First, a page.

Schutt then introduced Wood to Rahul Chopra, the CEO of Storyful, the social news agency which News Corp acquired for $US25 million back in 2013. They too shared an interest in how data can be used to target people with content that is most likely to strike an emotional connection with them.
“The next thing I know, Rebekah [Brooks] turned up at our offices,” Wood said, adding that this happened “a few months back,” when Brooks was working in a consultancy role for the company. Other executives involved in the deal were News Corp CEO Robert Thomson and the company’s global head of business development and corporate development David Brinker.
Brooks returned to Unruly’s HQ on Wednesday to announce the News Corp acquisition to Unruly staff. She was joined by News Corp co-chairman Lachlan Murdoch (also executive chairman of 21st Century Fox) and News Corp chief technology officer Paul Cheesbrough.
Business Insider asked what it must be like going from working independently as a startup to working with such well-known senior industry figures — not least, what it must be like reporting into Brooks whose initial stint as chief executive of News UK (then known as News International) was marred by the News of the World phone-hacking scandal, which forced her to resign her position in 2011. She was cleared of all charges related to phone-hacking, but some people, including UK shadow culture secretary Chris Bryant, have criticised her return to the company.
Wood said: “I was incredibly impressed by the purpose and professionalism of the entire senior team at News Corp. It was a major factor in the deal. Rebekah is passionate, knows the space well, and is looking to help News Corp accelerate its digital transformation, recognising that video will play an integral part. You have to remember, she is a team builder. As a journalist and editor of The Sun she extended its leadership position, and as CEO of News International she oversaw profit growth. We’re looking forward to working together with this highly passionate team.”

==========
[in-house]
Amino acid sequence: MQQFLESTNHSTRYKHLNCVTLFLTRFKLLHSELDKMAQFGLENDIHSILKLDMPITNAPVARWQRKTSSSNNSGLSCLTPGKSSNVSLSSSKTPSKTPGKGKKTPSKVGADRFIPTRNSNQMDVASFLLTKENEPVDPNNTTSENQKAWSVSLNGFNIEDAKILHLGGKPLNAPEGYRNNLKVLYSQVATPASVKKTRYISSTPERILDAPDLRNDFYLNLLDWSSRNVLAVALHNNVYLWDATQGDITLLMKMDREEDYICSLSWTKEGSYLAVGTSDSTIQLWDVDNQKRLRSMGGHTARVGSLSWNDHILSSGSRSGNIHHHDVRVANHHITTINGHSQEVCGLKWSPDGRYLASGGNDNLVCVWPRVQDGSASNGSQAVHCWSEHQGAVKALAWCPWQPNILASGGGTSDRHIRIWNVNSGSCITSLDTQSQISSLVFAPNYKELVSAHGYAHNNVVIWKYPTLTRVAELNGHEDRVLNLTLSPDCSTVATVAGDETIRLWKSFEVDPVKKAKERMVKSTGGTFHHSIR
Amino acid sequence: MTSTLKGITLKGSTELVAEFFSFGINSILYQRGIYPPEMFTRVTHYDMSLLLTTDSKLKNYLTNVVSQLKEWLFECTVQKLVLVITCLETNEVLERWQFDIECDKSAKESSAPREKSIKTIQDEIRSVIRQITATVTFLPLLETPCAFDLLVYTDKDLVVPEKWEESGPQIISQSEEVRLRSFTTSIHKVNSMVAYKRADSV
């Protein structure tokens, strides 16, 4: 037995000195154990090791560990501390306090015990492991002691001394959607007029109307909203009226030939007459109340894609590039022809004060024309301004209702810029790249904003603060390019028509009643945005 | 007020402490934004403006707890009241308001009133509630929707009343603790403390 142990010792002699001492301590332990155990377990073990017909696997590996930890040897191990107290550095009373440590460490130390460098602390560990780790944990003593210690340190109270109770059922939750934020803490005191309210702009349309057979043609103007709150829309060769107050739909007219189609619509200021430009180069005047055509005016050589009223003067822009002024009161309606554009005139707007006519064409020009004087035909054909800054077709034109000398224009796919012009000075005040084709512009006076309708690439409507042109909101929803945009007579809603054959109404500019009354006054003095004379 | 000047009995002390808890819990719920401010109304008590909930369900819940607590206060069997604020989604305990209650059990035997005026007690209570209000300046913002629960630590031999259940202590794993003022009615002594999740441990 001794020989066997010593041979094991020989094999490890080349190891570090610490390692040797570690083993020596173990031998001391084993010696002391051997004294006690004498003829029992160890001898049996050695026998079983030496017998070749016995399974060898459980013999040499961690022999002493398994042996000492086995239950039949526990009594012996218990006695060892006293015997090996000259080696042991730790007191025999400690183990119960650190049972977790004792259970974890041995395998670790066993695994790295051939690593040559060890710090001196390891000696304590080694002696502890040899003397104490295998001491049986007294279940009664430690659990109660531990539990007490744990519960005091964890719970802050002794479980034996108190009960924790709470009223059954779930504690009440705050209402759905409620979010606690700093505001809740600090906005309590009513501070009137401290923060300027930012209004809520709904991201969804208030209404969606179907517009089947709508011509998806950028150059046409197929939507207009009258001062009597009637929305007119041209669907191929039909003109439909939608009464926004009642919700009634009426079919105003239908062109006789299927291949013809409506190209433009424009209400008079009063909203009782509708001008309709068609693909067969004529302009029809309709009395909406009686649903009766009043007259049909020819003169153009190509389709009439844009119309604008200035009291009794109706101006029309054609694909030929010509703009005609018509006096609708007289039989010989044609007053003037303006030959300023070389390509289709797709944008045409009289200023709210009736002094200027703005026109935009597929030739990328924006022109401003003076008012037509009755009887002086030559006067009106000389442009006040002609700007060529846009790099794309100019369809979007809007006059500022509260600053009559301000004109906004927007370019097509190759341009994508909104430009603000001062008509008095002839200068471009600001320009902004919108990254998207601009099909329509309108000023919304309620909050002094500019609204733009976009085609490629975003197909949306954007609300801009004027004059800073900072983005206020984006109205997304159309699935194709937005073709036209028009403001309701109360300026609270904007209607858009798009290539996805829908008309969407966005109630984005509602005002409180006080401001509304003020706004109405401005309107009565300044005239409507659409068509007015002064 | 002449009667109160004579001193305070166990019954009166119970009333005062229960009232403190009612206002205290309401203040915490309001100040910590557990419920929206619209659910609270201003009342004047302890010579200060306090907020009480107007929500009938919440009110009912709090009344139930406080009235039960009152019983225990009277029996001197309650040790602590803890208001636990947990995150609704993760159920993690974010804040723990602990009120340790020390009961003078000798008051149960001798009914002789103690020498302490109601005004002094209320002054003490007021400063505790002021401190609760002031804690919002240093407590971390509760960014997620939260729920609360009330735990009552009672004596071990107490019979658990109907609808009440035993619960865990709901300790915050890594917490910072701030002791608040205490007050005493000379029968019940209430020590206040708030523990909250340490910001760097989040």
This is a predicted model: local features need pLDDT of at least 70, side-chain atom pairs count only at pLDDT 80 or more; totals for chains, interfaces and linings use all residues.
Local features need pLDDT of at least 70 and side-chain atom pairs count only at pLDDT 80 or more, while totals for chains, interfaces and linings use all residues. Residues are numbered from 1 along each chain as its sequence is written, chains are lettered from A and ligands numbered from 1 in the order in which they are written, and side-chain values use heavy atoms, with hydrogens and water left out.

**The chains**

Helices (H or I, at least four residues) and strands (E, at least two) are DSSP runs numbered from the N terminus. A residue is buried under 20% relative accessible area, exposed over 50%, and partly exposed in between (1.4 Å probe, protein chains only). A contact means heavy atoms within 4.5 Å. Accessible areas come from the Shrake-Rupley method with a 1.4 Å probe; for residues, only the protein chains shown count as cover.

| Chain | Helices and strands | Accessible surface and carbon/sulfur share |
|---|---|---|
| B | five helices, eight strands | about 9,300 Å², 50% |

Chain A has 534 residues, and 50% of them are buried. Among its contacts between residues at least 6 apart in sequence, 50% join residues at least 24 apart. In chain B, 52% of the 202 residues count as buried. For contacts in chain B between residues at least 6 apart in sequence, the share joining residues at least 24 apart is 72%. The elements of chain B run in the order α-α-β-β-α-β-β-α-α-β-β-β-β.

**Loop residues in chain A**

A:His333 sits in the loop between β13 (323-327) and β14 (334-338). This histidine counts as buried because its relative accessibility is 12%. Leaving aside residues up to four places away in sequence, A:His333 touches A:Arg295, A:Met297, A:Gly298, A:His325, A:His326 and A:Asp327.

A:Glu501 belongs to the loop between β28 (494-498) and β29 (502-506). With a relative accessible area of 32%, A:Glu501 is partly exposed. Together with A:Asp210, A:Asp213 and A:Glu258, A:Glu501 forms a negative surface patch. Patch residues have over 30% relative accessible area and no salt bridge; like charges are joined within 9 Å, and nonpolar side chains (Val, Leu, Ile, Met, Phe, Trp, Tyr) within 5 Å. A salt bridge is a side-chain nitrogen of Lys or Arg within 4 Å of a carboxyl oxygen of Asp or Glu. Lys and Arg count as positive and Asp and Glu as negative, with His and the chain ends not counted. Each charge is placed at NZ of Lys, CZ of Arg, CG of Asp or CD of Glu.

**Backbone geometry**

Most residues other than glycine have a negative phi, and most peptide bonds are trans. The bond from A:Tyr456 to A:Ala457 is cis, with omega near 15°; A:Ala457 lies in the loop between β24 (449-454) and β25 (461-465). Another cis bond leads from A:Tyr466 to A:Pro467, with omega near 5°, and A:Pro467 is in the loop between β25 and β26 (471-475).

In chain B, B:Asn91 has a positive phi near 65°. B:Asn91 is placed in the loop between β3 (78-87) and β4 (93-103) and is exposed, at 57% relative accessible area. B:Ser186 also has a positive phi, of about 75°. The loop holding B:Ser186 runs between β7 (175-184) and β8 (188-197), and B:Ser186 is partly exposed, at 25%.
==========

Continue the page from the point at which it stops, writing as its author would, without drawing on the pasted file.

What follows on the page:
When pressed on whether a legacy media company could become a video leader to compete with the dominance of disruptive digital natives like YouTube, Facebook, BuzzFeed, and so on, Wood said: “News Corp has been focusing on the global and digital growth of its business, with notable acquisitions and investments in tech companies, from Storyful, the world’s first social news agency, to realtor.com and Checkout 51, as well as being an investor in Rubicon. It is also a leader in the digital transformation of the newspaper and book publishing businesses.”
Expect more legacy media companies to make big strategic tech buys in the coming months
Wood thinks the deal signals a wider trend in the media/ad tech M&A landscape: Legacy media companies making big strategic buys in ad tech. We’ve already seen Verizon and AOL, News Corp and Unruly, expect more to follow.
“The media sector is evolving, and that brings opportunities and threats. There’s an imbalance of demand and supply: There are so many ad tech companies out there, all competing for limited marketing budgets. We are seeing a shakeout of the ad tech sector. There’s lots more consolidation to come. M&A levels are already on the rise. Expect that trend to continue over the coming months,” she said.
Indeed, in the second quarter of this year in the US alone there were 59 acquisitions in the digital media space, according to investment bank LUMA Partners, which was up 37% on the previous quarter and up 47.5% year on year.